Banded tussock moth (Halysidota tessellaris) caterpillar with stemmata peeking out from behind the anterior tufts. The second photograph shows the barbed setae, which will eventually be detached and rewoven into the cocoon.
Tag Archives: white
This is a newly-molted variable oakleaf caterpillar (Lochmaeus manteo), with old head capsule still attached. I initially thought the capsule was the head and that the thorax had eyespots, but John and Jane Balaban on Bugguide.net pointed out the obvious to me.
This species sprays formic acid, apparently.
FYI, Al Denelsbeck posted an almost identical image here, complete with close-up of the eyes.
While searching for yellow brain fungus on a hot day in December, I stumbled across this twisted little blob of gunk nestled in a bark crevice. At first I was all excited that it might be some sort of snow fungus (e.g., Tremella fuciformis) that was past its prime, but I’m pretty sure it’s just resin, gum, or sap — not sure which. But I’ve never seen resin with little spheres blebbing out, and nothing with a white membrane. It’s creepy. If you have more information or have wild speculation, please send me a note or leave a comment. Approximately 1″ long. Photographed at Lake Mohonk, New Paltz, New York.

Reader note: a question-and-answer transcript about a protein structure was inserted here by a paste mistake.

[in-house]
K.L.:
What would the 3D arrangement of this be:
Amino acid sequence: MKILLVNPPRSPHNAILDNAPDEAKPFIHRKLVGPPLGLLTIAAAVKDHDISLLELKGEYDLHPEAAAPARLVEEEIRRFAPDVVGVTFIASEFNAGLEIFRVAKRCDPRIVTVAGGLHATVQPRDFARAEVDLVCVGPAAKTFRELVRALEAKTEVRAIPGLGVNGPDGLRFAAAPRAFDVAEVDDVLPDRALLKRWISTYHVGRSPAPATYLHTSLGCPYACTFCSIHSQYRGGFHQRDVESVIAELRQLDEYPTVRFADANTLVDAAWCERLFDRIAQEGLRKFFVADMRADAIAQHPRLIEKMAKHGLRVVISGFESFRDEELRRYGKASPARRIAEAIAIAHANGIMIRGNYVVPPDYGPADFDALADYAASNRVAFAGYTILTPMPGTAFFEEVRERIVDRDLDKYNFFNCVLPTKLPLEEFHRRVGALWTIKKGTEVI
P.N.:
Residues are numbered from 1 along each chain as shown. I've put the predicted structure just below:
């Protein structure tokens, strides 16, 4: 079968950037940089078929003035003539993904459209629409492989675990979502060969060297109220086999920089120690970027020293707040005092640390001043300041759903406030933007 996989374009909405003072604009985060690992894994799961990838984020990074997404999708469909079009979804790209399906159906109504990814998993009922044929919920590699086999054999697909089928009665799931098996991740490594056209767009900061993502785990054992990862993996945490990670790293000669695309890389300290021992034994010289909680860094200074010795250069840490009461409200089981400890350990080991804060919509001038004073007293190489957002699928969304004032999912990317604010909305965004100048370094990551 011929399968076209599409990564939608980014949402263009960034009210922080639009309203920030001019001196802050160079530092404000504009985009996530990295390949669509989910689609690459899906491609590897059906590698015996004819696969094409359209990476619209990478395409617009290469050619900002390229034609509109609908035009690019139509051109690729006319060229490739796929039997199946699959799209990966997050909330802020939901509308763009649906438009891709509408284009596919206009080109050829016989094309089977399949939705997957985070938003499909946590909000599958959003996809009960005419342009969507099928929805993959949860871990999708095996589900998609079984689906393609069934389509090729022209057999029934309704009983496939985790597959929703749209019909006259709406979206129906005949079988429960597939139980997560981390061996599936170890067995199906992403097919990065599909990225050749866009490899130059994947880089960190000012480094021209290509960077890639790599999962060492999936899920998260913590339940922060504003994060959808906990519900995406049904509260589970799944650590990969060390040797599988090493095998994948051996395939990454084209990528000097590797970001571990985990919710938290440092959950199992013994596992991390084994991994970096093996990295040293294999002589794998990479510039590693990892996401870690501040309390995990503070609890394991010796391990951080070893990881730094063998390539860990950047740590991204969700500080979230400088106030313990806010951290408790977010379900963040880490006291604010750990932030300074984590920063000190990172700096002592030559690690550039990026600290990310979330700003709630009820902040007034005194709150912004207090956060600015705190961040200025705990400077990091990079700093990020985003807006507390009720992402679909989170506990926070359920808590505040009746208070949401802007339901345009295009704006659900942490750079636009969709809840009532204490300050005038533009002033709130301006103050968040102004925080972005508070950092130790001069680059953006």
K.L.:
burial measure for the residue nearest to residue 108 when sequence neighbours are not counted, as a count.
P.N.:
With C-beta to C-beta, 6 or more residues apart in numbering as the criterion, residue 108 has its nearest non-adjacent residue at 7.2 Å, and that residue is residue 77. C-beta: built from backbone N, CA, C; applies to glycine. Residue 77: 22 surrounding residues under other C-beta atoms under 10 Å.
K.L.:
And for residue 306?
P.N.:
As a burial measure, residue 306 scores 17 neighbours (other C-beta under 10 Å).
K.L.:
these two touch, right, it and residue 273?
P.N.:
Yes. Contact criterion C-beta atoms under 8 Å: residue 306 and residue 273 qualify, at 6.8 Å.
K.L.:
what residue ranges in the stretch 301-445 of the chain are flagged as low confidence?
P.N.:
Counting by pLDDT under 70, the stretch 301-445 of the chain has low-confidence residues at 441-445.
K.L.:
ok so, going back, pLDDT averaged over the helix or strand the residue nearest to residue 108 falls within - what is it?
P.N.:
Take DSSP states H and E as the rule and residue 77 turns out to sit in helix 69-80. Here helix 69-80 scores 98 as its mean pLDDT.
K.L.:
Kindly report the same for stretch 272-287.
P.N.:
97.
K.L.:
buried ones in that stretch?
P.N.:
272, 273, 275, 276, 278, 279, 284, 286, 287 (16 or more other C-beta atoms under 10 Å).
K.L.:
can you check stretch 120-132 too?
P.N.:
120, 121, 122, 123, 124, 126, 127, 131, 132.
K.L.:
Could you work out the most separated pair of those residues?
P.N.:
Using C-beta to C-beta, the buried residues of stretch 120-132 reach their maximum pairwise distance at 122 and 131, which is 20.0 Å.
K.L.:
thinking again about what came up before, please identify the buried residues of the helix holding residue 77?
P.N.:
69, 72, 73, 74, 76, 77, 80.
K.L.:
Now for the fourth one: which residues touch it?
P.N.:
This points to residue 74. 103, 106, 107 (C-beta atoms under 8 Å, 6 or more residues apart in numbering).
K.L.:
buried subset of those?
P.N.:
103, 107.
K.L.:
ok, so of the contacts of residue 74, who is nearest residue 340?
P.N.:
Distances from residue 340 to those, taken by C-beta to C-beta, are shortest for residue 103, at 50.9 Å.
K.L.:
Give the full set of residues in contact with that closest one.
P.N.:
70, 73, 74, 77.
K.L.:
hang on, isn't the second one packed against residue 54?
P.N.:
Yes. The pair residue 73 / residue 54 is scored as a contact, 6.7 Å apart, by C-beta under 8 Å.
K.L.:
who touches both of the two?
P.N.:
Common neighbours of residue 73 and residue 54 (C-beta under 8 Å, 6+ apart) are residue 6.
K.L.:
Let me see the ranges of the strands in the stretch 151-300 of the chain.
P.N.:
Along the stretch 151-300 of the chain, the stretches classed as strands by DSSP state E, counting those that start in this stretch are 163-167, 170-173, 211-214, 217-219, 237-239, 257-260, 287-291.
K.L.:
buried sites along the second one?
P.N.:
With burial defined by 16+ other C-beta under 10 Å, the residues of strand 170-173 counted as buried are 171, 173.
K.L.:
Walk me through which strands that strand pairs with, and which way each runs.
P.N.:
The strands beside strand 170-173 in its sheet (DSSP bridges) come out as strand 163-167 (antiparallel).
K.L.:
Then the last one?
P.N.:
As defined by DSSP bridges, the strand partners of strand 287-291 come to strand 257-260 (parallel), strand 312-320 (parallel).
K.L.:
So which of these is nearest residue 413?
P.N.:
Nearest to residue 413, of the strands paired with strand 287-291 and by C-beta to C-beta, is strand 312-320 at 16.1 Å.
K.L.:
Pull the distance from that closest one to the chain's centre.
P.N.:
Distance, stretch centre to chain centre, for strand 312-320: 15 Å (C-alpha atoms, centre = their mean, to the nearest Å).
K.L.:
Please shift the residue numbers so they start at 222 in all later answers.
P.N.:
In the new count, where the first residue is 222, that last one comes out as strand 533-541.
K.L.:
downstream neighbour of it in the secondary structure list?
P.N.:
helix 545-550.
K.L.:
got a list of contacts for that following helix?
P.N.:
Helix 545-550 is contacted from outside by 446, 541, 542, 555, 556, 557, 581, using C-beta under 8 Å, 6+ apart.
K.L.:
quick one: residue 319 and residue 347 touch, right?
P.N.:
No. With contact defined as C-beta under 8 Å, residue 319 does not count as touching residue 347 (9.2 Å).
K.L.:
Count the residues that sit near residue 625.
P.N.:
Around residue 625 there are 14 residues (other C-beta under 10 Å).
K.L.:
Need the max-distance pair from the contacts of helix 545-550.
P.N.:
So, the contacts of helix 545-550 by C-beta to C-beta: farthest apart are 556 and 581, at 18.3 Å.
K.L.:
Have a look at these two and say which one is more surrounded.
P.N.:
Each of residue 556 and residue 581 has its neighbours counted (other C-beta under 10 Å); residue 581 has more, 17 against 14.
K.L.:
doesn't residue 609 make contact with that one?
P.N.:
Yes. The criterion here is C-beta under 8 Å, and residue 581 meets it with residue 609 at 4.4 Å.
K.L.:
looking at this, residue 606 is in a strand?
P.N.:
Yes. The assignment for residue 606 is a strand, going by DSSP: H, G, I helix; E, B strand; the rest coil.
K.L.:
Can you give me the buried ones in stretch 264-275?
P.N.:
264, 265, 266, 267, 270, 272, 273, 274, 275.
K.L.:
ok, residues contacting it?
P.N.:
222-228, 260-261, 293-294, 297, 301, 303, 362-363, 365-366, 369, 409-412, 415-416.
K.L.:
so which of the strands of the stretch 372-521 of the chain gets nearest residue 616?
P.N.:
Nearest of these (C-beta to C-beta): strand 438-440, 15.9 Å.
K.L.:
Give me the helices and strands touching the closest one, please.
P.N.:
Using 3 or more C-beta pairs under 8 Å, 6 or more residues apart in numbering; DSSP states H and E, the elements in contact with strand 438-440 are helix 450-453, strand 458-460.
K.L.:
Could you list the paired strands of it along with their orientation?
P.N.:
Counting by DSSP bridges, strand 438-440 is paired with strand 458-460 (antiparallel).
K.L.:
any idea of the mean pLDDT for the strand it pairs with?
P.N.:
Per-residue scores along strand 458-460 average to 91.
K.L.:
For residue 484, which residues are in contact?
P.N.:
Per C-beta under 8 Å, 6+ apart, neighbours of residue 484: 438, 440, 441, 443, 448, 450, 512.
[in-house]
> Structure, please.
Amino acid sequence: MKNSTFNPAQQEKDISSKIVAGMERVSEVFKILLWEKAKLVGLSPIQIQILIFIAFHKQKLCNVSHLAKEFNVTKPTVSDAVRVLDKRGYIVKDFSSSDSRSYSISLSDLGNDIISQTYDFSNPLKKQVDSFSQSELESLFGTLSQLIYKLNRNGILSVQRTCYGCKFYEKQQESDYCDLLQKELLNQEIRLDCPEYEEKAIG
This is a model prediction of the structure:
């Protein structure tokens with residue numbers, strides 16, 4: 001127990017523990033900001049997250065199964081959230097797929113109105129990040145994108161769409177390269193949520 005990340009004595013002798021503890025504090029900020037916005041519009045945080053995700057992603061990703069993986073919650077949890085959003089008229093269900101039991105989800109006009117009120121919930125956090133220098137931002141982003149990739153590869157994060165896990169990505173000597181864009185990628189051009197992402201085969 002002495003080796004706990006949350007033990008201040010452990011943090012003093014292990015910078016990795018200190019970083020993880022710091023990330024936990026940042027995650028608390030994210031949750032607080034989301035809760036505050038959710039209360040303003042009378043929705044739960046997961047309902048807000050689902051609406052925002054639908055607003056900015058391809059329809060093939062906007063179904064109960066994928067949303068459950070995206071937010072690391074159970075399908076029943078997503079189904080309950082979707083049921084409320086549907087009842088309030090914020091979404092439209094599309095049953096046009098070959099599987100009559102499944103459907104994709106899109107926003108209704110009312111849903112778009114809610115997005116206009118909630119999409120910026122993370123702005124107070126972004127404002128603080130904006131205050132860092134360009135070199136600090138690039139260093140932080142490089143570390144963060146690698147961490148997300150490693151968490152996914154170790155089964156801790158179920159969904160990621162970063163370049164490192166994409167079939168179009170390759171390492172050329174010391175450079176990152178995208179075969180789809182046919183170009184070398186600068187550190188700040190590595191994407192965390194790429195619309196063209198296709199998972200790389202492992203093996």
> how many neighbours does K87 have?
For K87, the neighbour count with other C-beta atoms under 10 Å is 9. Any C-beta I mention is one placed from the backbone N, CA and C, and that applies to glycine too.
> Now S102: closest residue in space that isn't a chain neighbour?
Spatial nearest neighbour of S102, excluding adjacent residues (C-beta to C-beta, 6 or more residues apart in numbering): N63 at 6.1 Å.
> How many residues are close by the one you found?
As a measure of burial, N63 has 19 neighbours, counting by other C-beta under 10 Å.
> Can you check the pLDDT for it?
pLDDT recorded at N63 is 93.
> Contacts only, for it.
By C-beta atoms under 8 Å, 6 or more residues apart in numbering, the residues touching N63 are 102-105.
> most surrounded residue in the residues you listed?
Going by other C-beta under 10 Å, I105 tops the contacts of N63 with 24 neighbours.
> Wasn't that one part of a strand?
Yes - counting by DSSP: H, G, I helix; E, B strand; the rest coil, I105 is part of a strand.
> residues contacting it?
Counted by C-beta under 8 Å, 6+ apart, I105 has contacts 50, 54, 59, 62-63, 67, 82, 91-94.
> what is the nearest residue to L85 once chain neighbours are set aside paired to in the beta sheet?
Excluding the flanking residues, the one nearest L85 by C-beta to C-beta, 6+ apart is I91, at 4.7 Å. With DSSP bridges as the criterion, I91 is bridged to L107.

I really had wanted this to be a slime mold … perhaps an immature Trichia or Stemonitis. If you’re a slime mold fan, please weigh in.
Sycamore tussock moth (Halysidota harrisii) caterpillar at Hildacy Farm Preserve in Media, PA. I remember these as a child mainly because of their urticating hairs. But they are also really, really cute. I especially like the white ones because their orange tufts stand out better than on the yellow variety. Don’t you just want to pick it up?? If by chance you don’t know what “urticating” means, I highly recommend the experience. You won’t forget.
Here’s a fun trick for Thanksgiving. If you get into an argument about whether you purchased yams or sweet potatoes at the store, chop one in half before cooking and look for milky white sap bleeding off the flesh. Only sweet potatoes do that. But if you don’t see sap, that might mean you just have an old sweet potato, so don’t place large bets when doing this. More useless trivia at “Yams versus sweet potatoes“.